# How to Use the CEILING Function in Excel – and Why! (2023)

Just like the name suggests – the CEILING functions rounds a number up🙈

How does it round the number up? And why use the CEILING function to round figures in Excel?

All of this and much more await you in the guide below. So download our free sample workbook right now and continue reading👇

**Table of Contents**

## What to use the CEILING function for

The CEILING function is used to round numbers up to the nearest multiple of the number supplied as the significance. Must have sounded alien🤯

But let me explain this to you. Here’s how you write the CEILING function in Excel.

**= CEILING (Number, significance)**

**The number**is the value that you want to be rounded up.**Significance**is the number whose multiple is used to round the number up.

For example, write the CEILING function as follows:

**= CEILING (11,2)**

To get the answer 12.

The CEILING function tells Excel to round the number 11 up to the nearest multiple of 2.

The two closest multiples of 2 around 11 are:

- 10
- 12

As the CEILING function rounds a number up (and not down), it returns 12😏

Hope that explains how the CEILING function works.

The CEILING function can be used in financial analysis. You can also set it to determine a rounded price after different currency conversions, a percentage discount, commissions, etc.

**For example:**

If you are offering discounts to different customers on a variety of items that are differently priced, you can use the CEILING function to get the discounted price as a round multiple of 5💪

**Pro Tip!**

What you must note is that the CEILING function only rounds up the numbers.

To similarly round down the numbers (based on the same science as the CEILING function), use the twin brother of the CEILING function i.e. the FLOOR function👨🏿🤝👨🏼

## How to use the CEILING function

Using the CEILING function in Excel is simple. It takes two arguments only. Let’s write one to understand it better.

- Begin writing the CEILING function as follows:

**= CEILING (**

- As the number, refer to the cell containing the number to be rounded up. Or write that number in yourself.

**= CEILING (A2**

We have referred to Cell A2 as the number.

- The significance argument refers to the cell containing the number whose multiple is sought.

We are referring to Cell B2 here🪁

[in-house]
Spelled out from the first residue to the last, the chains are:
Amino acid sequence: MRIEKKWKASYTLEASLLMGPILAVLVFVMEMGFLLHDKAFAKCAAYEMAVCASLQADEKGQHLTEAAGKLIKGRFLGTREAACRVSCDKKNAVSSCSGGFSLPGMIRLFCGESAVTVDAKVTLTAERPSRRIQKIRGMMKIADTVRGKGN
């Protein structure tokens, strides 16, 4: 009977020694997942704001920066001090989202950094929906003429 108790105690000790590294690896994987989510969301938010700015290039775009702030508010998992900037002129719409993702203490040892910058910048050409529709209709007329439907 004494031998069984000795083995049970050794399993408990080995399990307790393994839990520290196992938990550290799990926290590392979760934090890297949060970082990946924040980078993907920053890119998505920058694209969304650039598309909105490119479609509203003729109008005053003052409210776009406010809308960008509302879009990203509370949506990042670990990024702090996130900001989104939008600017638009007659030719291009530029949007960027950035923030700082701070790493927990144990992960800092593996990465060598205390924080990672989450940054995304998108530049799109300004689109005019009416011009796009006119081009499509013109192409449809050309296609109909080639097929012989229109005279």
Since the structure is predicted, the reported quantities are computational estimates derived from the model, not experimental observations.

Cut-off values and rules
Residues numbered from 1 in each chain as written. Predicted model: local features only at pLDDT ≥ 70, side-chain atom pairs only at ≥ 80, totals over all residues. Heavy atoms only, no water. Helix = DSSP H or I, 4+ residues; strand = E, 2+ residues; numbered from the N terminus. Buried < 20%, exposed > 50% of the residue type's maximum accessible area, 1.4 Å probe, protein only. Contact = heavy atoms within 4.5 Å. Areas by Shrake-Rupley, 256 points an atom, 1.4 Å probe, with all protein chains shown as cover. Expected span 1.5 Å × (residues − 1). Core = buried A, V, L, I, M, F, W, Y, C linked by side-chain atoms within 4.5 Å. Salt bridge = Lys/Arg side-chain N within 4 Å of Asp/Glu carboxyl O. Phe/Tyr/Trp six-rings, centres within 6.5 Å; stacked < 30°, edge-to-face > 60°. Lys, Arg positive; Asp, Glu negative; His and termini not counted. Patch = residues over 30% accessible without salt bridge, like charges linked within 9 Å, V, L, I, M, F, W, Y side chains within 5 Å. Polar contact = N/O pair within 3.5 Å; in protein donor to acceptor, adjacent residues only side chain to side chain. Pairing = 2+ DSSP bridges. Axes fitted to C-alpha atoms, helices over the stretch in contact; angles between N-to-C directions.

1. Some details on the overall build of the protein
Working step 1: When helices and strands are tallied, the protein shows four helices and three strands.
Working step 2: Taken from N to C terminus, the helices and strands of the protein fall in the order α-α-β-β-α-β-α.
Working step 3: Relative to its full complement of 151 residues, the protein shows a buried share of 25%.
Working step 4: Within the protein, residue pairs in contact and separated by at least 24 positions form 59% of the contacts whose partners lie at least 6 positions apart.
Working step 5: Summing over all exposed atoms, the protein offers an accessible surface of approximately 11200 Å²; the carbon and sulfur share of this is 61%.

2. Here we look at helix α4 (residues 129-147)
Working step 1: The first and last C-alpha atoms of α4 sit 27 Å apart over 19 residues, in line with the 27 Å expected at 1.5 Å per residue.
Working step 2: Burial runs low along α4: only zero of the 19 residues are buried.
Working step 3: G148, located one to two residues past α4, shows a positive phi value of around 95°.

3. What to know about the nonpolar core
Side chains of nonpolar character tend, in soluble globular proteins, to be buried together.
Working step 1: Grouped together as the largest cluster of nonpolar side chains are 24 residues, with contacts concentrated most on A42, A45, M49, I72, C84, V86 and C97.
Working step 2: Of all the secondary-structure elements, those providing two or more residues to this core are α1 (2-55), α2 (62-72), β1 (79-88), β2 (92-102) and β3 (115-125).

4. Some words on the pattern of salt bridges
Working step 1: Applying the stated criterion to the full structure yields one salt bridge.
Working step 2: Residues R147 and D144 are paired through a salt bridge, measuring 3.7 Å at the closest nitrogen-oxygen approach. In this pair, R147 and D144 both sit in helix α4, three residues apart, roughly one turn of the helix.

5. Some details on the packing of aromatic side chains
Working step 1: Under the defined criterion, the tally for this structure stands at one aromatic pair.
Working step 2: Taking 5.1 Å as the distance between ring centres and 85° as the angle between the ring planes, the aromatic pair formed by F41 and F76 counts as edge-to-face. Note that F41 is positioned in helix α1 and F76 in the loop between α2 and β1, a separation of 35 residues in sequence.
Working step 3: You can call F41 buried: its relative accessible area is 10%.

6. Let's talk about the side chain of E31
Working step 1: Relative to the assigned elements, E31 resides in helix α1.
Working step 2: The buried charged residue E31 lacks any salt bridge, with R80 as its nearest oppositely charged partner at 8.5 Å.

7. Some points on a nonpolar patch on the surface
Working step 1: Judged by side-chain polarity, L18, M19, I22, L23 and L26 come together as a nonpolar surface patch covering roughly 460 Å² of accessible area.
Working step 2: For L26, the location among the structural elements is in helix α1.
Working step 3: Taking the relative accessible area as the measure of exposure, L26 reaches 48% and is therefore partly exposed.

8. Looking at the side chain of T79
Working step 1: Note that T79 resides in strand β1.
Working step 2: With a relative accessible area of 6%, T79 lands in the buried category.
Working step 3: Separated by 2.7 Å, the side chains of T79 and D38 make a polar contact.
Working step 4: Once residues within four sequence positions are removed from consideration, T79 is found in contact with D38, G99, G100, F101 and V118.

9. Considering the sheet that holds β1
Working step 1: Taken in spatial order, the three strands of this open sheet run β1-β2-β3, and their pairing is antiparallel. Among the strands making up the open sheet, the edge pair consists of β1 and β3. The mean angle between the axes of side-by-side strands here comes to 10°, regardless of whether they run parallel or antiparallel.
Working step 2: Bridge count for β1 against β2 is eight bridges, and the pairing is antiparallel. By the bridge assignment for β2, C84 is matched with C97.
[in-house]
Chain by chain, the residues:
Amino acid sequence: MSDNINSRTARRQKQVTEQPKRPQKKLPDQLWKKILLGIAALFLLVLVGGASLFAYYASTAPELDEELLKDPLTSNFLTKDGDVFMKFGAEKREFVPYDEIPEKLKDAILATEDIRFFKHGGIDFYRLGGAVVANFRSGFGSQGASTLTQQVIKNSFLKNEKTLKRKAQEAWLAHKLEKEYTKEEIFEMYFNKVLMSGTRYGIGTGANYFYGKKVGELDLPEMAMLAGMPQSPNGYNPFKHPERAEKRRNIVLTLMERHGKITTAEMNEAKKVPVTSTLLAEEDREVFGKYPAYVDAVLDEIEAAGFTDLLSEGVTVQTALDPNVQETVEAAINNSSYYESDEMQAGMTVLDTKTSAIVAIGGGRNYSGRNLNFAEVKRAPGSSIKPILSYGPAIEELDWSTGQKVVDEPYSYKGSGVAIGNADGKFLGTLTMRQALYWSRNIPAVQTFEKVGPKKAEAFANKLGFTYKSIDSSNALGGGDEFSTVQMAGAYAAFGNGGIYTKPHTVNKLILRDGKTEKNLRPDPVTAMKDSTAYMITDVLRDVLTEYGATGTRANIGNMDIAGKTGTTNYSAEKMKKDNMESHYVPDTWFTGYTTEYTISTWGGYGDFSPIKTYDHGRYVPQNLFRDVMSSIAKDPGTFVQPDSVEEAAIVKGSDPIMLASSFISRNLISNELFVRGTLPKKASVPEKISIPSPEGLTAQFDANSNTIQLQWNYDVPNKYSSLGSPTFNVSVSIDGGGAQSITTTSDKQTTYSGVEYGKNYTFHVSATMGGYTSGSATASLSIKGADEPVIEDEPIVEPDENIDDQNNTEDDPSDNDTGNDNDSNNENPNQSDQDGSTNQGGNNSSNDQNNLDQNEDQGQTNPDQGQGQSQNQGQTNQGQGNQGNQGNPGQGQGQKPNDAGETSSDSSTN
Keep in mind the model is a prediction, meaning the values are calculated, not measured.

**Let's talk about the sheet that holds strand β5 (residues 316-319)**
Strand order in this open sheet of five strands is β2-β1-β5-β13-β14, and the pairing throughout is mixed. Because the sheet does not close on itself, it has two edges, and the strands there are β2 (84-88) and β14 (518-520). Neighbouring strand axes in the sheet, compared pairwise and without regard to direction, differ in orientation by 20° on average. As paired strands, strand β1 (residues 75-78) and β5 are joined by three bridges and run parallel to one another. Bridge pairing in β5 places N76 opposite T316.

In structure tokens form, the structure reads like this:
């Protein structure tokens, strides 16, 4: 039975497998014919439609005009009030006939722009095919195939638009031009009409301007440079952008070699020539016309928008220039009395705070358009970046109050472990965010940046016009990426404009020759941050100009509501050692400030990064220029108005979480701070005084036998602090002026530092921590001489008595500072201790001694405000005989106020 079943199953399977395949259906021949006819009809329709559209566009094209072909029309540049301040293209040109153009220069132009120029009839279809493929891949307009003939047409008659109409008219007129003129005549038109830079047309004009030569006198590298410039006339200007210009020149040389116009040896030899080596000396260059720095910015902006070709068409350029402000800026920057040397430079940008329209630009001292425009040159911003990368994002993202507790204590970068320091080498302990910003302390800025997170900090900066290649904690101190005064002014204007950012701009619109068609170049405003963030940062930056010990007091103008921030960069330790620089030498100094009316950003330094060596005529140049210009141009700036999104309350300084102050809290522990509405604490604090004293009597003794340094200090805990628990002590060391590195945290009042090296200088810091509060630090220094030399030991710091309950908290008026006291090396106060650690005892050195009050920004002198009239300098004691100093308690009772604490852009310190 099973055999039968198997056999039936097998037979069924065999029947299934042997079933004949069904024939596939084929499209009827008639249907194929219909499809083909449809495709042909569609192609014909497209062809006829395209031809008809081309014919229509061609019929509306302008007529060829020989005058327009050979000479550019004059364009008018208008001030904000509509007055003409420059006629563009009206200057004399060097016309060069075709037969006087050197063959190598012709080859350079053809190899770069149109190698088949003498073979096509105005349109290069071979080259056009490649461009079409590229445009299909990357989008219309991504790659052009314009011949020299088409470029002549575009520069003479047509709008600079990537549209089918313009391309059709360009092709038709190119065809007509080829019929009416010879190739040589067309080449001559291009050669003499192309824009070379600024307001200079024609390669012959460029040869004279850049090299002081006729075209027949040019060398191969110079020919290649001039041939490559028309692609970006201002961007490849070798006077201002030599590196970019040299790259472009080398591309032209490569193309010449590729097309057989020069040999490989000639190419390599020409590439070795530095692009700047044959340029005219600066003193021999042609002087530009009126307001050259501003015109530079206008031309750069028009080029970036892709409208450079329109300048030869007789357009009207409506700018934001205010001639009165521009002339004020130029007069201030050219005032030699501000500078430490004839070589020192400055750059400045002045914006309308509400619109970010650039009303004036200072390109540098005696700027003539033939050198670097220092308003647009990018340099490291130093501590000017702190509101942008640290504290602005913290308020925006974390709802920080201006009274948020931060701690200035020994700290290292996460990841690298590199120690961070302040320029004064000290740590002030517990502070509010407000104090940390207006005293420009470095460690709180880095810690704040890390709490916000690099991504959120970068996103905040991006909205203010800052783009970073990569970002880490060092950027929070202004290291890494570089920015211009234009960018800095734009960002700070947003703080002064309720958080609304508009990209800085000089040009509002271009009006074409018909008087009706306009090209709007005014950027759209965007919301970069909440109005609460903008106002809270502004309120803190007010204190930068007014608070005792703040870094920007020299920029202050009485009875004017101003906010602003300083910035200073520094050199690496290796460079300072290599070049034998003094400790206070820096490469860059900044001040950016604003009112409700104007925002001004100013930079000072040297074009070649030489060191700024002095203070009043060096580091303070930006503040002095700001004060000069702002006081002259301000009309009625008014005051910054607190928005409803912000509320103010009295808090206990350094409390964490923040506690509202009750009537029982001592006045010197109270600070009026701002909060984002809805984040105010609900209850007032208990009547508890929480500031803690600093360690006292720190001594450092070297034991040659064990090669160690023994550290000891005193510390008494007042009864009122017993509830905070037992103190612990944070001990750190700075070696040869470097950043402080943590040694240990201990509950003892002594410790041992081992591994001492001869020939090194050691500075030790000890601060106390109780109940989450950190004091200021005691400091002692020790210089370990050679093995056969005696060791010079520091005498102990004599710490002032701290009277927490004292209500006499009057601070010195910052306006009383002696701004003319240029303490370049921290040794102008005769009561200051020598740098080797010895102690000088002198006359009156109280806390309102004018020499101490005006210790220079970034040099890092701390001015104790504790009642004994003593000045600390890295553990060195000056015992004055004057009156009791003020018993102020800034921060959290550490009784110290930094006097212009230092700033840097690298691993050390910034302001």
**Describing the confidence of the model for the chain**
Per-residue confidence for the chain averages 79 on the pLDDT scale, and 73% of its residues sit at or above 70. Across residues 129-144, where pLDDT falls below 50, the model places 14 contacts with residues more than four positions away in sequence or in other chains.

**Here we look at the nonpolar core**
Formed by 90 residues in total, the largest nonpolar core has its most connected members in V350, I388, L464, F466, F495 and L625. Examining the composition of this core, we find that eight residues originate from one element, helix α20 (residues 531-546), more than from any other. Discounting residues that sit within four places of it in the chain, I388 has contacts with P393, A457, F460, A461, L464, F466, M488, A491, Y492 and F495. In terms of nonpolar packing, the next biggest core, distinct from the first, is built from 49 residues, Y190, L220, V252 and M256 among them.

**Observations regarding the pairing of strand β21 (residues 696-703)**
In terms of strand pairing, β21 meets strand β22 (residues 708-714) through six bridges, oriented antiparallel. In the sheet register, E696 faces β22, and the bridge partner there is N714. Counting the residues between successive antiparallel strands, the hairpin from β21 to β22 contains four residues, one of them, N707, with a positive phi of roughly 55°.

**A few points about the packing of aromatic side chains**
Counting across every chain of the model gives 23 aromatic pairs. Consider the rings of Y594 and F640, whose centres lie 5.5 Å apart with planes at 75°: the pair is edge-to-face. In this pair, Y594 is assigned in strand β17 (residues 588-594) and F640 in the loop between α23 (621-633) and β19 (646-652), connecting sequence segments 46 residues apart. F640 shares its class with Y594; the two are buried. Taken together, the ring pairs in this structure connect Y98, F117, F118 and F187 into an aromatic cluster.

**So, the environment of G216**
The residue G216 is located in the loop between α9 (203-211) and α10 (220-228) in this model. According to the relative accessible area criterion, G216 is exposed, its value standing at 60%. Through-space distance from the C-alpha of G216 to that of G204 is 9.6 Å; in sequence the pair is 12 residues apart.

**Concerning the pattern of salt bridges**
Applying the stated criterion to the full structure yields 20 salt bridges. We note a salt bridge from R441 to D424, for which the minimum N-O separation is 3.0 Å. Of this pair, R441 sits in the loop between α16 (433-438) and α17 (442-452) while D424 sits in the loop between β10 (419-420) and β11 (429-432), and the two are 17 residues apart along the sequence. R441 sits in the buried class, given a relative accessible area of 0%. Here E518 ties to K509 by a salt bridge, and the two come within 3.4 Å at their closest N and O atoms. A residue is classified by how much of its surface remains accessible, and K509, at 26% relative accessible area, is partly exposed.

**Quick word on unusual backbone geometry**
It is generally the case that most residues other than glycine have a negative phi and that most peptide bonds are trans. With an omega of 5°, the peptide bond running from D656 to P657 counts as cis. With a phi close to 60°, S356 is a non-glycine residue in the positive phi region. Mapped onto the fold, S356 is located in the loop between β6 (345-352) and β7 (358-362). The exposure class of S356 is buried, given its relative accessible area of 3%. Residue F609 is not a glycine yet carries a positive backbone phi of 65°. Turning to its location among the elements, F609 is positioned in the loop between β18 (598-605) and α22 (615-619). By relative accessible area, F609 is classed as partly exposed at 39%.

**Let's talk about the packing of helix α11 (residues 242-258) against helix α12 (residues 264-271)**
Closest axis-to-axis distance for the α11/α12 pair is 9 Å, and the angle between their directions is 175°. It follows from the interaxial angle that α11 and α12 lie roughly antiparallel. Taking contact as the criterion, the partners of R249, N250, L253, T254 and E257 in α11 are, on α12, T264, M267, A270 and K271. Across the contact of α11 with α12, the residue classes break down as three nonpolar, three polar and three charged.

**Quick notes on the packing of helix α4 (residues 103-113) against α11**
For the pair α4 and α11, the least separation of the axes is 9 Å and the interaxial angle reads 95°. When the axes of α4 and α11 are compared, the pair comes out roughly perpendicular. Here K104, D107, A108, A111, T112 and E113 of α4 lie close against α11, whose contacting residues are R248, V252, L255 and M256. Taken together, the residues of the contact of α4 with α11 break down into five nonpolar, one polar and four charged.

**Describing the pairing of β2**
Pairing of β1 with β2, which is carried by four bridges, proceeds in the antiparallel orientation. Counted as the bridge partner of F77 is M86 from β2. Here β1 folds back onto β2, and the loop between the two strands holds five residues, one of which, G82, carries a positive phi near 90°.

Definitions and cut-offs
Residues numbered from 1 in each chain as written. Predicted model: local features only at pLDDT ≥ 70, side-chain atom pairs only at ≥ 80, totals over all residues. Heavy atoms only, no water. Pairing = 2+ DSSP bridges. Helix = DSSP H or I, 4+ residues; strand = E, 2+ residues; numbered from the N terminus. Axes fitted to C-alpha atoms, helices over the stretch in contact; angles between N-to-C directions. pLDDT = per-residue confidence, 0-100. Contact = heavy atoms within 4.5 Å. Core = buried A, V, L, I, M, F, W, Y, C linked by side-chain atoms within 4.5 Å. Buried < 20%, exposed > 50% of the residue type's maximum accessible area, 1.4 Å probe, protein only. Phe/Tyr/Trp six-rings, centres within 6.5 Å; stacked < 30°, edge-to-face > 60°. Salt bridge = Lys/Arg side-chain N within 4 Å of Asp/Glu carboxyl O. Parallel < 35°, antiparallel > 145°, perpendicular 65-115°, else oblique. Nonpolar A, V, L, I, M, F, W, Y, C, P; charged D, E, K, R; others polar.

- Hit Enter to get the result as follows.

The answer is 6.4 as the closest two multiples of 0.2 near 6.3 are as follows:

- = 31 * 0.2 = 6.2
- = 32 * 0.2 = 6.4

And as the CEILING function will round the answer up, we get 6.4🥇

It must’ve been simple until now, but things get more interesting hereafter.

- Drag and drop the results to the whole list.

These results might raise some questions. Here are the answers.

**Pro Tip!**

Until Excel 2007, the CEILING function couldn’t process negative arguments❌

But, in the 2010 and latest versions of Excel, the following combinations of positive/negative numbers and significance can result as follows:

Number | Significance | CEILING Function |
---|---|---|

Positive | Positive | Rounds up to the next positive multiple |

Negative | Positive | Rounds up to the next negative multiple |

Positive | Negative | Error |

Negative | Negative | Rounds down to the next negative multiple |

## That’s it – Now what?

Here we come to the end of this guide. In the guide above, we have learned all about using the CEILING function in Excel. What can you use it for, and how do you use it?

Using this smart function, you can bring all numbers in your Excel sheet to symmetry. But that’s only one function of Excel. The variety of other similar useful functions to be offered by Microsoft Excel is so vast to be explored😎

Some of my favorite Excel functions include the VLOOKUP, SUMIF, and IF functions. They are too smart to let go.

## Other resources

The CEILING function is not the only way to round figures in Excel.